Colombian police examine Farc rebels' laptops
Experts in Colombia are trying to crack the codes to 15 computers and almost 100 memory sticks belonging to Colombia's largest rebel group.
They were seized on Thursday after a massive raid on a Farc jungle camp.
One of the laptops is believed to have belonged to its military leader, Mono Jojoy, who was killed in the attack.
Police are hoping to find information which could reveal the whereabouts of 20 members of the security forces held captive by the Farc.
The computers are being examined by 40 experts from the police criminal investigation unit in the capital, Bogota.
Police officials said the 15 laptops, 94 memory sticks and 14 hard discs contained 11 times more information than that seized from Raul Reyes, a senior Farc leader killed in a raid in 2008.
They believe one of the 15 laptops seized was Mono Jojoy's personal computer. Its screen was reportedly shattered by bullets, but its hard disc was still intact.
They also said the large number of memory sticks seized at the jungle camp and the fact that not a single two-way radio or mobile phone was found suggests the rebels relay information through couriers rather than risk having their electronic communication tapped or traced.
The investigators said they hoped to retrieve clues to the location of Farc camps which would help them mount future attacks and allow them to free the group's remaining hostages, which official numbers put at 79.
But the head of the Colombian police, General Oscar Naranjo, warned it could take months to retrieve all the information from the computers.
Military officials also revealed more information about the operation in which the Farc's number two, Mono Jojoy, was killed.
They said Operation Sodom, as it has been dubbed, started on Tuesday 21 September, when the heads of all three branches of the Colombian military, the police and the Ministry of Defence met in Bogota to finalise details of the attack.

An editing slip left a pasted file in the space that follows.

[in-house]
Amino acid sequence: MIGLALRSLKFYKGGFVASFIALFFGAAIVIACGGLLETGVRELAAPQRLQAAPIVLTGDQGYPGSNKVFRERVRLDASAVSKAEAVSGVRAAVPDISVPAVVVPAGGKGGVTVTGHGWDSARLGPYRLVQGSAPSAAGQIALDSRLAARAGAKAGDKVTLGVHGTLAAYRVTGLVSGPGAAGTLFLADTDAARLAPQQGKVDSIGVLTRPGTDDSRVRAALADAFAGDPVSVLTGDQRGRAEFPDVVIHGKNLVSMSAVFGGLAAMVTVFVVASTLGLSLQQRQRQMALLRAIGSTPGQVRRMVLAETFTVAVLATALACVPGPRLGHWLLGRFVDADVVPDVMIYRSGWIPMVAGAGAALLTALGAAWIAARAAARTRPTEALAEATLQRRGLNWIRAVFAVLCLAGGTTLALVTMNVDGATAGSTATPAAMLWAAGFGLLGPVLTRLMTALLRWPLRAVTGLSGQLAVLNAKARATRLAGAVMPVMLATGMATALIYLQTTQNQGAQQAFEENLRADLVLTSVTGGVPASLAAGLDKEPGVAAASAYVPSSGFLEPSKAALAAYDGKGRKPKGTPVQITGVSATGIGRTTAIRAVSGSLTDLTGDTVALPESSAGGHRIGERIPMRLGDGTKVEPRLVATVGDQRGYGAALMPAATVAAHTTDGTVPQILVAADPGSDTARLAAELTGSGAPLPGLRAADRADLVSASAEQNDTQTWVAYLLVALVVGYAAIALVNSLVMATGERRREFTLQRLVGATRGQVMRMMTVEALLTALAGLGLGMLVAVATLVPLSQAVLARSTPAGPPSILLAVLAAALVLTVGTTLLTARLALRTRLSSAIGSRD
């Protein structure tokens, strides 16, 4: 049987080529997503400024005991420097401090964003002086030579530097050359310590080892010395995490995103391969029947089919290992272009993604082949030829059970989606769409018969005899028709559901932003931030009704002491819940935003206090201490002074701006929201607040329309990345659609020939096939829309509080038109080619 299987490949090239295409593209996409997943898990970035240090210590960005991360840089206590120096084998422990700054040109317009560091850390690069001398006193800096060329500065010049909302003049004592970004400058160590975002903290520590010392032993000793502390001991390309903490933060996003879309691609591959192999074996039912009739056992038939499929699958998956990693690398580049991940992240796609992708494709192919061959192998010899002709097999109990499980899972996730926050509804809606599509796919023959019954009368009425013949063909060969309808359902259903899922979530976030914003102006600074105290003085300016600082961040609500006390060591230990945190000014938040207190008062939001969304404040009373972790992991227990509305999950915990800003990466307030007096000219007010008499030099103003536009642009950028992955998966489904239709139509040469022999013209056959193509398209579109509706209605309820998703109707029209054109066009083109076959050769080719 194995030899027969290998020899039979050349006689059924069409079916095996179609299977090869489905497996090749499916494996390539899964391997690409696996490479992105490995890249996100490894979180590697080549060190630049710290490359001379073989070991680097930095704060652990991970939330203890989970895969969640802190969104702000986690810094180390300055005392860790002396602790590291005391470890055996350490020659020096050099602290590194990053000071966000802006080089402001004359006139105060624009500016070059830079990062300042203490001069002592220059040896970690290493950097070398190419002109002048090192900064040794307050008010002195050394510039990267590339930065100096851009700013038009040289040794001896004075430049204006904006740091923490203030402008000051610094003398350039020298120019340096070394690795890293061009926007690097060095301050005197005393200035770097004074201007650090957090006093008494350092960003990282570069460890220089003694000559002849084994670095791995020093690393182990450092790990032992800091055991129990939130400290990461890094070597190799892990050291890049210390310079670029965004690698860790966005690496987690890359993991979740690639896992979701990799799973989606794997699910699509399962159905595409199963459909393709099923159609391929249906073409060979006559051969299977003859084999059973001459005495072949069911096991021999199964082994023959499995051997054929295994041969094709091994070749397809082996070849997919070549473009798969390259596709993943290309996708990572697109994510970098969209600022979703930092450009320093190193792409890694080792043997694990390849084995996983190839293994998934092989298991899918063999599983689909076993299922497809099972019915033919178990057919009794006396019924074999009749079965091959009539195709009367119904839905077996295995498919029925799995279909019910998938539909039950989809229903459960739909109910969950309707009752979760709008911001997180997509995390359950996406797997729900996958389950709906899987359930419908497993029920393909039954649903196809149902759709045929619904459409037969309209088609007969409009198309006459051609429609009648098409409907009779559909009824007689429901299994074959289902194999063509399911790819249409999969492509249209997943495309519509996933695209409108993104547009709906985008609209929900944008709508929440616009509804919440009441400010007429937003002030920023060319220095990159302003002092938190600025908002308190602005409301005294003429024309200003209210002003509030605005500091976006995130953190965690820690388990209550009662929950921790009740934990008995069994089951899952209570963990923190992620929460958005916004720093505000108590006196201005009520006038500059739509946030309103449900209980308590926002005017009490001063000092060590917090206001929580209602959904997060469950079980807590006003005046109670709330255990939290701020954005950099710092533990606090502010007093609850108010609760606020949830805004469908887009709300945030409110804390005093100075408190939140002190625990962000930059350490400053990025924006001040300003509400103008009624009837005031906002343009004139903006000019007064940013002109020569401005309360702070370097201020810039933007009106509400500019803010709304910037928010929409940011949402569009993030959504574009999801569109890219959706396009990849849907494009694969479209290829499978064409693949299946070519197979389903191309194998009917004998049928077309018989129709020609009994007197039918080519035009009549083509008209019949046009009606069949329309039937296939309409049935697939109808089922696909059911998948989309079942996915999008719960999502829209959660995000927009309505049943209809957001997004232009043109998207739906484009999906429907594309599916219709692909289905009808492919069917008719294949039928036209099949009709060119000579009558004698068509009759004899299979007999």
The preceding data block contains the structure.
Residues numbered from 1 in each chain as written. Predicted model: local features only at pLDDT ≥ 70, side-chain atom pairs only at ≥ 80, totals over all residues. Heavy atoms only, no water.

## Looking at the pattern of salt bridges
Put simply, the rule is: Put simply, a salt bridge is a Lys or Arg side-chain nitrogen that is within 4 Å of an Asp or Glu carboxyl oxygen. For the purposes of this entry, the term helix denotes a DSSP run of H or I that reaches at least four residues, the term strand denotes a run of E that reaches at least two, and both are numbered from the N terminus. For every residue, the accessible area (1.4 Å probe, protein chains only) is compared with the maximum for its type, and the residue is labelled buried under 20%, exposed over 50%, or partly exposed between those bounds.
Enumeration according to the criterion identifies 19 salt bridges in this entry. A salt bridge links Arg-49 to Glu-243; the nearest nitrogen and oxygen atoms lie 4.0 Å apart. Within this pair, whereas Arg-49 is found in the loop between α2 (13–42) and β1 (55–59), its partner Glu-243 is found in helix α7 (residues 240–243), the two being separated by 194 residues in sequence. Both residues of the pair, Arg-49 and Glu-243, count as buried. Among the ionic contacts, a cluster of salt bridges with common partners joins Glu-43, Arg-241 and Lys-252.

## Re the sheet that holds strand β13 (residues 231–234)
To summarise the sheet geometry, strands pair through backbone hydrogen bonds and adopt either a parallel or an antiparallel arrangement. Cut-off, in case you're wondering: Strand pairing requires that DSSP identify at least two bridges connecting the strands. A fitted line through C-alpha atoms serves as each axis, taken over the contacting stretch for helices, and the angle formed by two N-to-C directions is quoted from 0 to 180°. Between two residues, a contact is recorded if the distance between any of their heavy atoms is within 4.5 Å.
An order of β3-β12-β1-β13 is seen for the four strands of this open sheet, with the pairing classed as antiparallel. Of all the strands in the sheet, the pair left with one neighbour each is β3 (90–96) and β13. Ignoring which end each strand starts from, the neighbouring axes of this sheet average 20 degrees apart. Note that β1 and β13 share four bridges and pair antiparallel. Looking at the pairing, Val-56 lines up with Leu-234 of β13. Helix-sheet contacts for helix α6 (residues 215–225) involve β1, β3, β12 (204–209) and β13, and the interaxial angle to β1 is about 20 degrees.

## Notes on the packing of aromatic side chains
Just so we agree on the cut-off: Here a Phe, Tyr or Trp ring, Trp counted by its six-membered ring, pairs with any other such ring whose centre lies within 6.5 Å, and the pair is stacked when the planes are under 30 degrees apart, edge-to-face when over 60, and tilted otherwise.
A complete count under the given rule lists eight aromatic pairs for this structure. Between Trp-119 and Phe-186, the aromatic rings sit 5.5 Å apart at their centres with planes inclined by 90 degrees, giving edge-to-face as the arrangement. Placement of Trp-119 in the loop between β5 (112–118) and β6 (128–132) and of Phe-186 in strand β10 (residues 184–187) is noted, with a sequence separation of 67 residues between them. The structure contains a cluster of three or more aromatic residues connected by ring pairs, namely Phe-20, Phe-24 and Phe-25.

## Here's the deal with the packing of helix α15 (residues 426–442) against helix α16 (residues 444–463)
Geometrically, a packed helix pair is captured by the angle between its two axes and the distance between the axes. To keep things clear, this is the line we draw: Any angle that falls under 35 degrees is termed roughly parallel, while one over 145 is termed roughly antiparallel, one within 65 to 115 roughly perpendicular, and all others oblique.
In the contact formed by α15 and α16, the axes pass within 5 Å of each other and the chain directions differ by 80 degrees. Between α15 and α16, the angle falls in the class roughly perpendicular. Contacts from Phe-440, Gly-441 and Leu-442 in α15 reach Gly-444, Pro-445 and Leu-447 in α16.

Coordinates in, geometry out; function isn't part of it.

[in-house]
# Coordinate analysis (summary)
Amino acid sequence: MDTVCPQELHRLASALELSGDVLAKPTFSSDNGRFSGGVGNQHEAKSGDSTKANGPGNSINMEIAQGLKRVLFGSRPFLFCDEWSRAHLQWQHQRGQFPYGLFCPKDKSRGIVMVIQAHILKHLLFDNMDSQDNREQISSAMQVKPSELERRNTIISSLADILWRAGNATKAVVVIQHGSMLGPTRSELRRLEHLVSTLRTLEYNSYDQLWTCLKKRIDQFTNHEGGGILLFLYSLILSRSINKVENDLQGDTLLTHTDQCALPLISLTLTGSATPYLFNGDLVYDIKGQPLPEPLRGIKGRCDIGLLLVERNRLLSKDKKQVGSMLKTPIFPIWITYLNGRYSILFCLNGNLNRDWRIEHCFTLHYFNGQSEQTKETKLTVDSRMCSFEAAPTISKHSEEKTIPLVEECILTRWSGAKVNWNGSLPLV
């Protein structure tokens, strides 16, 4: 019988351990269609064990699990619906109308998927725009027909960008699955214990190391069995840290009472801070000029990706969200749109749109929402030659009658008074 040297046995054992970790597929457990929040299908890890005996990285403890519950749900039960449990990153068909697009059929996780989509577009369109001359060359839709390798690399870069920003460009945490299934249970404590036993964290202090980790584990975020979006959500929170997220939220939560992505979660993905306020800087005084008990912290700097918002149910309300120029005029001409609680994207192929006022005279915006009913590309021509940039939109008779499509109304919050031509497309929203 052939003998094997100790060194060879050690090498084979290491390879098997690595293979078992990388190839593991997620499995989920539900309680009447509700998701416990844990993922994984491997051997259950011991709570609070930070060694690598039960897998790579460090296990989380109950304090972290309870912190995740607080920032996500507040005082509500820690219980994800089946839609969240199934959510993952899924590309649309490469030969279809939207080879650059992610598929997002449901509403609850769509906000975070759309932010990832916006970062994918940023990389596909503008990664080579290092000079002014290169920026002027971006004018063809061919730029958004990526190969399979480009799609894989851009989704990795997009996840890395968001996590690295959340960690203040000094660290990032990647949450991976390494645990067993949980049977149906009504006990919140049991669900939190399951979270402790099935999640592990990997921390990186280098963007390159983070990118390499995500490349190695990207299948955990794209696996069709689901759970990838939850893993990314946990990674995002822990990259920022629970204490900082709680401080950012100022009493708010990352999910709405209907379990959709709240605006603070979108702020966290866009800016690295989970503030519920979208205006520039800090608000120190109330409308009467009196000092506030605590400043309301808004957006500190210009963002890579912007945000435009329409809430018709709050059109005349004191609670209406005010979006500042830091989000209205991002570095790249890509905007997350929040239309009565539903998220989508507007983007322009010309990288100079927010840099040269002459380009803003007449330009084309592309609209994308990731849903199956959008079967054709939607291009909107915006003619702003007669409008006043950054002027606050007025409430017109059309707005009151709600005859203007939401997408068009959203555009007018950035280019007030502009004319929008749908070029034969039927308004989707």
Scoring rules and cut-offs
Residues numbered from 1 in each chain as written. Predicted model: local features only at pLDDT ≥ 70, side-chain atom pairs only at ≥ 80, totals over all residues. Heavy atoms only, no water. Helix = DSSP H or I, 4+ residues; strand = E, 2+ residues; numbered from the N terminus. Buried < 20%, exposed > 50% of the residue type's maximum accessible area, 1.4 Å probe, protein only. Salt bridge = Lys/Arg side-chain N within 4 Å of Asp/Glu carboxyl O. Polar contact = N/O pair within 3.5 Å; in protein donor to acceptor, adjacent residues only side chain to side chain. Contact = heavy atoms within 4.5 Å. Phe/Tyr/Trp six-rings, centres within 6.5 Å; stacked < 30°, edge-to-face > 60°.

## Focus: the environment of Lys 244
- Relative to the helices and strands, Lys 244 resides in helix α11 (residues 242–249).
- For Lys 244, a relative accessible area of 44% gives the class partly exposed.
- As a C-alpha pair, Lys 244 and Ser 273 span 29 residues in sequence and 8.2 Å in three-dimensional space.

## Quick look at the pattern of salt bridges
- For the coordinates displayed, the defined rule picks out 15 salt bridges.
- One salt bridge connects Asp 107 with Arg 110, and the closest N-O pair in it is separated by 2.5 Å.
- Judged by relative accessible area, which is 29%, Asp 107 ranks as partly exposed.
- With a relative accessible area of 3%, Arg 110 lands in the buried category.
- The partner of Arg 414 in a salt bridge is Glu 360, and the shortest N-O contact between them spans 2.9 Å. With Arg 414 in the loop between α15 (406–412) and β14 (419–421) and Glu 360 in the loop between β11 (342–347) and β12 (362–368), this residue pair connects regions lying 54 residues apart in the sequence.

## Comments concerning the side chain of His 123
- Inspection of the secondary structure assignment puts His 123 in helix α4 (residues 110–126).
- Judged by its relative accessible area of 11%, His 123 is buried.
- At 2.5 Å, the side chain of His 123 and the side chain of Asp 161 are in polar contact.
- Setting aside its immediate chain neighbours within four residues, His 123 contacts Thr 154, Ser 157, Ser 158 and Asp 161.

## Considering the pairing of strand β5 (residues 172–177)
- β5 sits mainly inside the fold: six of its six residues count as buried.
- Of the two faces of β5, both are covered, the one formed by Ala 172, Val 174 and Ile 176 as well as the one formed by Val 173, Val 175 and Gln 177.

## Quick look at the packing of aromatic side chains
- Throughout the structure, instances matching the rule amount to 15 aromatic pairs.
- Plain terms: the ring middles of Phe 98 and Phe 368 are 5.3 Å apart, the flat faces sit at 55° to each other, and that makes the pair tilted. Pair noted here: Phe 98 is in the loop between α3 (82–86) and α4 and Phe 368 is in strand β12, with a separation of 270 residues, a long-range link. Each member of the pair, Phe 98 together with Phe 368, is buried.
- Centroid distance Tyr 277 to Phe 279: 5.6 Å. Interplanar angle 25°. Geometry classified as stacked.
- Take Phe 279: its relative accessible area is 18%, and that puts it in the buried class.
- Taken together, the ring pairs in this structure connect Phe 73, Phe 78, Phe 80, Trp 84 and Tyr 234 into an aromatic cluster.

In the early hours of Wednesday 22 September, 78 aircraft headed for the area known as La Escalera in the Macarena mountain range in Meta province.
They dropped dozens of bombs on Mono Jojoy's camp, which Defence Minister Rodrigo Rivera has described as "the mother of all lairs" for its size and the number of hidden tunnels it had.
About 400 members of the Colombian special forces then abseiled from helicopters and surrounded the camp.
After hours of fighting, another 400 soldiers and police moved in on the camp, taking it in the early hours of Thursday morning.
General Javier Florez, the commander of the joint task force leading the attack, said his men were able to identify Mono Jojoy by his scars, eye colour and the fact he carried insulin for his diabetes. His identity was verified by experts on Friday.
Police sources told the BBC they suspected a number of other senior Farc leaders were killed alongside Mono Jojoy, including the men known as Mad Ivan, Mauricio the Medic and Romana, although their bodies have not yet been identified.
The Colombian military said a total of between 20 and 30 guerrillas died in the initial attack. Thirteen members of the security forces were injured, most of them when they abseiled into the jungle.
Fighting continues in the area around Mono Jojoy's camp, which commanding officer Gen Miguel Perez described as "a rugged area of very difficult access".
About 10,000 extra police officers have been deployed to Colombia's main cities to prevent retaliatory attacks by the Farc.